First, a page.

A nanotechnology development has taken place that will arguably revolutionise the electronics industry. Liquid semiconductors are creating new markets for displays, sensors, solar cells and even integrated circuits and will eventually replace silicon-based semiconductors in a wide range of applications. Thanks to rapid injection moulding services provided by Protolabs, Nanoident AG has already stolen-a-march on the competition.
Nanoident Technologies AG, based in Linz, Austria, is the acknowledged leader in the development and production of printed semiconductor-based sensors and was the world's first company to commercialise printed sensor products for high volume applications.
Thanks to inks made from conductive and semi-conductive liquid materials, it’s possible to print electronic circuits on almost any surface using state-of-the-art printing systems. This enables a dramatic increase in productivity and a corresponding decrease in production time and device costs – arguably representing the first paradigm shift (since Intel invented the metal oxide semiconductor in 1962) in the semiconductor industry.
Production and testing of these organic semiconductor devices takes place at Linz. The devices are printed on glass slides and scrutinised after the printing process.
“Our initial attempts to interconnect the glass devices with automated test systems were cumbersome,” states Jeff Graw, the man responsible for electronics development. “We tried things like gluing ribbon cable to the glass and utilising ‘bed-of-nails’ spring contacts. Then we decided to use a new, two-axis connector device that we could fix to glass and obtain a reliable contact. However, we needed a plastic housing to hold the connector – it wouldn’t just sit on the glass by itself.”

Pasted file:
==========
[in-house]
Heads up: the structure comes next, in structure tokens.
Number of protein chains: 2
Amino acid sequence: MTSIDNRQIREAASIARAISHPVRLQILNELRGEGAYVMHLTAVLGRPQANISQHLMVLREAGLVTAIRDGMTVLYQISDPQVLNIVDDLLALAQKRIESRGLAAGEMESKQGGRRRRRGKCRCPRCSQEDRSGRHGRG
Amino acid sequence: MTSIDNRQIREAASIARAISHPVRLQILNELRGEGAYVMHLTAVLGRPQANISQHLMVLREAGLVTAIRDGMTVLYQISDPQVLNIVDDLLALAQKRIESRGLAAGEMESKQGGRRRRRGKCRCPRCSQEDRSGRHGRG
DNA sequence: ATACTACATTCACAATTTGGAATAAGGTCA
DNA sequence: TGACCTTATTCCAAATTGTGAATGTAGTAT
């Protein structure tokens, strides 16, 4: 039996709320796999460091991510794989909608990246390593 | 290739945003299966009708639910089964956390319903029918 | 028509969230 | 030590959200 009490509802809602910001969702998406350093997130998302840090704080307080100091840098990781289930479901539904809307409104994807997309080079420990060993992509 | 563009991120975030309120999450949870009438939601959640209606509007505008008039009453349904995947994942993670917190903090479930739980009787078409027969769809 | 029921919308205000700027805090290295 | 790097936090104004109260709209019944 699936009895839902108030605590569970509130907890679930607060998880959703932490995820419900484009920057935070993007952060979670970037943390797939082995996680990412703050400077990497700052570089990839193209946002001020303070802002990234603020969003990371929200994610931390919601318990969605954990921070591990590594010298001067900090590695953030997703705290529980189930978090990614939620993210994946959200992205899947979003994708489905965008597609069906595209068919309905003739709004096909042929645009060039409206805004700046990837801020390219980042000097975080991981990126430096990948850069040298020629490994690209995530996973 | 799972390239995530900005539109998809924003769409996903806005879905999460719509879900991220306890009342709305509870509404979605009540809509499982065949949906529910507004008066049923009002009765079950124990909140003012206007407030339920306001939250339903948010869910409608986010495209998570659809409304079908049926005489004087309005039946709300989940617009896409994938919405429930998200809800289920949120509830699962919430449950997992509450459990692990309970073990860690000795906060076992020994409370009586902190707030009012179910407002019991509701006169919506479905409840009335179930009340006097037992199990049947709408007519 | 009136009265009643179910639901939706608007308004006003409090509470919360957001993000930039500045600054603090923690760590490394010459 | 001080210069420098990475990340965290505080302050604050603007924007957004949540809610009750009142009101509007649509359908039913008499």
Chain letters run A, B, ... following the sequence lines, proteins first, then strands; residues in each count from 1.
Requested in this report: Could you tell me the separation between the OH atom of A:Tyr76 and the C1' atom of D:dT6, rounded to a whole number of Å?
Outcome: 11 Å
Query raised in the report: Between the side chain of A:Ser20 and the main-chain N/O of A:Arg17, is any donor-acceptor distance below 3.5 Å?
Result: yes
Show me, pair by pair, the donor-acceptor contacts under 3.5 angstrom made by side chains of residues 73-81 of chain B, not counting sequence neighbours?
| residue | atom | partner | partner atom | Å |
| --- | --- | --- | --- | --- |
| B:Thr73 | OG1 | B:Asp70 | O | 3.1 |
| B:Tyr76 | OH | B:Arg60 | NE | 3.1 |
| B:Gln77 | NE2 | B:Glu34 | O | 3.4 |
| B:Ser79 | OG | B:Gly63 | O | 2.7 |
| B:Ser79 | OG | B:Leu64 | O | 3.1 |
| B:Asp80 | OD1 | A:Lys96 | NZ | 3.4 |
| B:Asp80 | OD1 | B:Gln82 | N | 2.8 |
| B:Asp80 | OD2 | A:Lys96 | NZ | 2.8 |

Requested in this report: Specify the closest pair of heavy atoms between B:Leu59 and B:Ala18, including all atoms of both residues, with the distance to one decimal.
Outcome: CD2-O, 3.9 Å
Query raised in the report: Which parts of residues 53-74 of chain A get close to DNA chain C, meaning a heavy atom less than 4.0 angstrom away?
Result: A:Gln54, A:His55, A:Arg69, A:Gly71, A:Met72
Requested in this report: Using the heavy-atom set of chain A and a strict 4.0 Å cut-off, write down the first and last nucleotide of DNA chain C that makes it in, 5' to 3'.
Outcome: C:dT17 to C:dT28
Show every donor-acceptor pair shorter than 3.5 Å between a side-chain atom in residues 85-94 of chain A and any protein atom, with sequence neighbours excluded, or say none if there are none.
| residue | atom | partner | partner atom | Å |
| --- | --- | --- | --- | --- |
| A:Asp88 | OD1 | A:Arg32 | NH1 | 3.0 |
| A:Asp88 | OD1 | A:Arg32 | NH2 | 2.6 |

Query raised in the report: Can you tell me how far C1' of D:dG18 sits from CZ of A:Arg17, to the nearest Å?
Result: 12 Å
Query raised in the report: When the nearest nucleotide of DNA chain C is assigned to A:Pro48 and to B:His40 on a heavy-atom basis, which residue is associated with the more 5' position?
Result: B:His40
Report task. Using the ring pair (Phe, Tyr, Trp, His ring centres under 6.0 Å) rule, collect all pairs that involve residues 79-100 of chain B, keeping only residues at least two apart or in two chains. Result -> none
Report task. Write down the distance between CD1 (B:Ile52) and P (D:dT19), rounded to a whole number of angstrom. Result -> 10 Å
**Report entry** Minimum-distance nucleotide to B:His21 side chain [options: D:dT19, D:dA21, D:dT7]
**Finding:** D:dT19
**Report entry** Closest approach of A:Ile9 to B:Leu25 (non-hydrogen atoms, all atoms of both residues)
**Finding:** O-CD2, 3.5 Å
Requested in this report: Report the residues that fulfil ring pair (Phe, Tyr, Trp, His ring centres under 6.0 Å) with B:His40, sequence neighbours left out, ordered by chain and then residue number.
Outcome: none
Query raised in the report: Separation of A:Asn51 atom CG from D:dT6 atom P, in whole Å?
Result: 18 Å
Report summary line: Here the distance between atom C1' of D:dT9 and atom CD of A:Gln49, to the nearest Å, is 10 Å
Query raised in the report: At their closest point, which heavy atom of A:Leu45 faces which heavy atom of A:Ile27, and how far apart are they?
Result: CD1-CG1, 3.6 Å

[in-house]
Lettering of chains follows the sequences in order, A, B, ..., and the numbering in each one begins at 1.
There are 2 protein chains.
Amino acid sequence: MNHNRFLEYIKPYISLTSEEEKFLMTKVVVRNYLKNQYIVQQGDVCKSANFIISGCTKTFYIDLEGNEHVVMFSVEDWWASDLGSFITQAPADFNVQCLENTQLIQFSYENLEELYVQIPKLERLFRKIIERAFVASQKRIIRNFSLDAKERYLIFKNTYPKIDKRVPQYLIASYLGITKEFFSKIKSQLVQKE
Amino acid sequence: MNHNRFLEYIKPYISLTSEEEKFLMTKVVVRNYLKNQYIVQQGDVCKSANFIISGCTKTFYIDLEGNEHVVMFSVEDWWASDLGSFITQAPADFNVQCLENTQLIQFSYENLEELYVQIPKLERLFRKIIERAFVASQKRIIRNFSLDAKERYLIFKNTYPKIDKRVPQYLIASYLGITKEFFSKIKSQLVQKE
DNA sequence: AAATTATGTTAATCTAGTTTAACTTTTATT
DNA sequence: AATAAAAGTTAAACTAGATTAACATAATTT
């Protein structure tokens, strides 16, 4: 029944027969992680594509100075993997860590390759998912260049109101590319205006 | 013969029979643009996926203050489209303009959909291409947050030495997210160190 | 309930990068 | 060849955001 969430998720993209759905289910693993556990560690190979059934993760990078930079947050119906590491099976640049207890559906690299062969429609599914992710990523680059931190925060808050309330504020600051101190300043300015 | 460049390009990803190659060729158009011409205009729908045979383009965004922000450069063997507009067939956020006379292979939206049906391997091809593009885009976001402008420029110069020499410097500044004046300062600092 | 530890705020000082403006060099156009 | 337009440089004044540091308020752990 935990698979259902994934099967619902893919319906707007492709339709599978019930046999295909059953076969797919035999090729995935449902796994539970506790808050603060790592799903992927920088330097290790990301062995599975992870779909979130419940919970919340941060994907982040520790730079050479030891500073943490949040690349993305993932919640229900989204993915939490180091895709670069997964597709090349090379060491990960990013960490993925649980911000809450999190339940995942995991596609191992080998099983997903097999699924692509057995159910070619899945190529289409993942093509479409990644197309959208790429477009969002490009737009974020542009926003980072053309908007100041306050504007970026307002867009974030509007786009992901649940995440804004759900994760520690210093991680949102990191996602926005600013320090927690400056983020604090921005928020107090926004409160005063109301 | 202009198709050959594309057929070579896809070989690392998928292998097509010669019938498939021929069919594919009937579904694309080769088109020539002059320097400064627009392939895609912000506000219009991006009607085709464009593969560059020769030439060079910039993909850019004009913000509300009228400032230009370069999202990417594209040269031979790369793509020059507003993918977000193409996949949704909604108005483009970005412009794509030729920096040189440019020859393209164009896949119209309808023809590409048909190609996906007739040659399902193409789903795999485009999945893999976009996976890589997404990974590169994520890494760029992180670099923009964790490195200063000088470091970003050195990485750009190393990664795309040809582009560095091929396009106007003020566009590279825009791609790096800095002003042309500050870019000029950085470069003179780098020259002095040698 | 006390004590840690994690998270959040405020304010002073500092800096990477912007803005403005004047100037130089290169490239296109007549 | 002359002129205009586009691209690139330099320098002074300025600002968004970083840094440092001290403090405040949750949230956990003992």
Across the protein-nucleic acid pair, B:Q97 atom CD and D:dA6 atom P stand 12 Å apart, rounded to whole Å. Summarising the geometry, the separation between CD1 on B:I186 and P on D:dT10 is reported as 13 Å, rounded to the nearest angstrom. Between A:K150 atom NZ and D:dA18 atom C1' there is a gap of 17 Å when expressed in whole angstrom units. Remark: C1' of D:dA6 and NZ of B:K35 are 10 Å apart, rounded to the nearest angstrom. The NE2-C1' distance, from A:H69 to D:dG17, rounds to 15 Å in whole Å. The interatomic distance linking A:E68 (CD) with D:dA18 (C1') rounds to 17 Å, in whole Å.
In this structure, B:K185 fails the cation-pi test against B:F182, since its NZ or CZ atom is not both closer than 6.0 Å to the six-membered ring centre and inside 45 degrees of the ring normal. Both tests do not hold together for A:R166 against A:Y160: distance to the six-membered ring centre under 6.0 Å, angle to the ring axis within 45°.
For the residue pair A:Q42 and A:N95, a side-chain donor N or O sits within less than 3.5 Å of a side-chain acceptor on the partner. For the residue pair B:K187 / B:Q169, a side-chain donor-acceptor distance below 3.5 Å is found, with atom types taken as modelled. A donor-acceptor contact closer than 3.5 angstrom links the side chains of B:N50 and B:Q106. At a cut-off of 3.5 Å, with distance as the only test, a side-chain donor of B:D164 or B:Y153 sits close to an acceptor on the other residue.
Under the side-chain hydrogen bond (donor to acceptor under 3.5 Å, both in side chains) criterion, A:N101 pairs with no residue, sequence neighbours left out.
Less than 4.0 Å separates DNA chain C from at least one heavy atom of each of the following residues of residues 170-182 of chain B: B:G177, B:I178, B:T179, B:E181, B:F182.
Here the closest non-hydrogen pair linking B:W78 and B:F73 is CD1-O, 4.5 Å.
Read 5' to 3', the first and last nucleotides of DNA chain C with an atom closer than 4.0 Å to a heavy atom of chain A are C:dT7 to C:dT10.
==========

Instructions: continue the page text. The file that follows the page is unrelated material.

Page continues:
The two-piece plastic housing had some demanding requirements. Firstly the two halves had to fit together perfectly, so that over-screwing the fastener wouldn’t crack the glass. Also the contacts on the glass slide had to line-up precisely with the contacts on the connector.
“By trade I’m an electrical engineer and I had never done anything like this before,” admits Mr Graw. “I started by laying-out the plastic parts using SolidWorks. It seemed to make sense but I knew the test would be in the manufacture. I found Protolabs on the internet and submitted my SolidWorks 3D model via Protolabs’ website. Within a couple of hours a ProtoQuote price and manufacturing quotation for tooling and parts arrived in my e-mail inbox.”
The ProtoQuote cost and manufacturability quotation system is, primarily, a summary of potential problems with the part, explained in a clear, simple and non-technical way, incorporating suggested changes and, if necessary, redesigns. One of the main benefits of the ProtoQuote system is that it simplifies and demystifies injection-moulding for everyone involved in the product development project and takes a lot of the guesswork out of the process.
As well as tight tolerance requirements the plastic housing also needed to be static-charge dissipative, yet not conductive enough to generate an electrical shortcircuit.
“Protolabs did an excellent job regarding the material,” he says. “Not only does the housing fit together perfectly, we have also tested the component for dissipation and so far, so good.”
Protolabs was able to talk Mr. Graw through the process of adding a draft angle to his design for injection moulding purposes, despite his lack of design experience.
“The team at Protolabs were great to work with,” he says. “Within two weeks the first batch of 100 samples were received in Austria. When I saw them I was amazed to see they had produced an exact replica of my design. As I say, mechanical design is new to me and it’s a weird thing to have someone make a real product from a CAD model. I would feel very confident about using Protolabs on future projects.”
The Protolabs-supplied connector housings are currently undergoing accelerated life testing at Nanoident, which mostly means spending several months inside an oven.
“So far they are holding up well,” says Mr Graw. “They look good and there is no warping or cracking on the plastic part. We are definitely going to need more, so Protolabs can expect another order shortly.”
The success of the work taking place at Nanoident is there for all to see. Established in 2004, the Austrian company already has subsidiaries in the US, France, and has just added a location in Germany.
Nanoident’s printed semiconductor devices are bendable, disposable, light and ultra thin, have application specific spectral properties, and can contain light sources and light detectors as well as electronic circuits. Based on permanent improvements to its industry-leading Semiconductor 2.0 technology platform, the company is well on course to become the dominant player in the printed semiconductor market.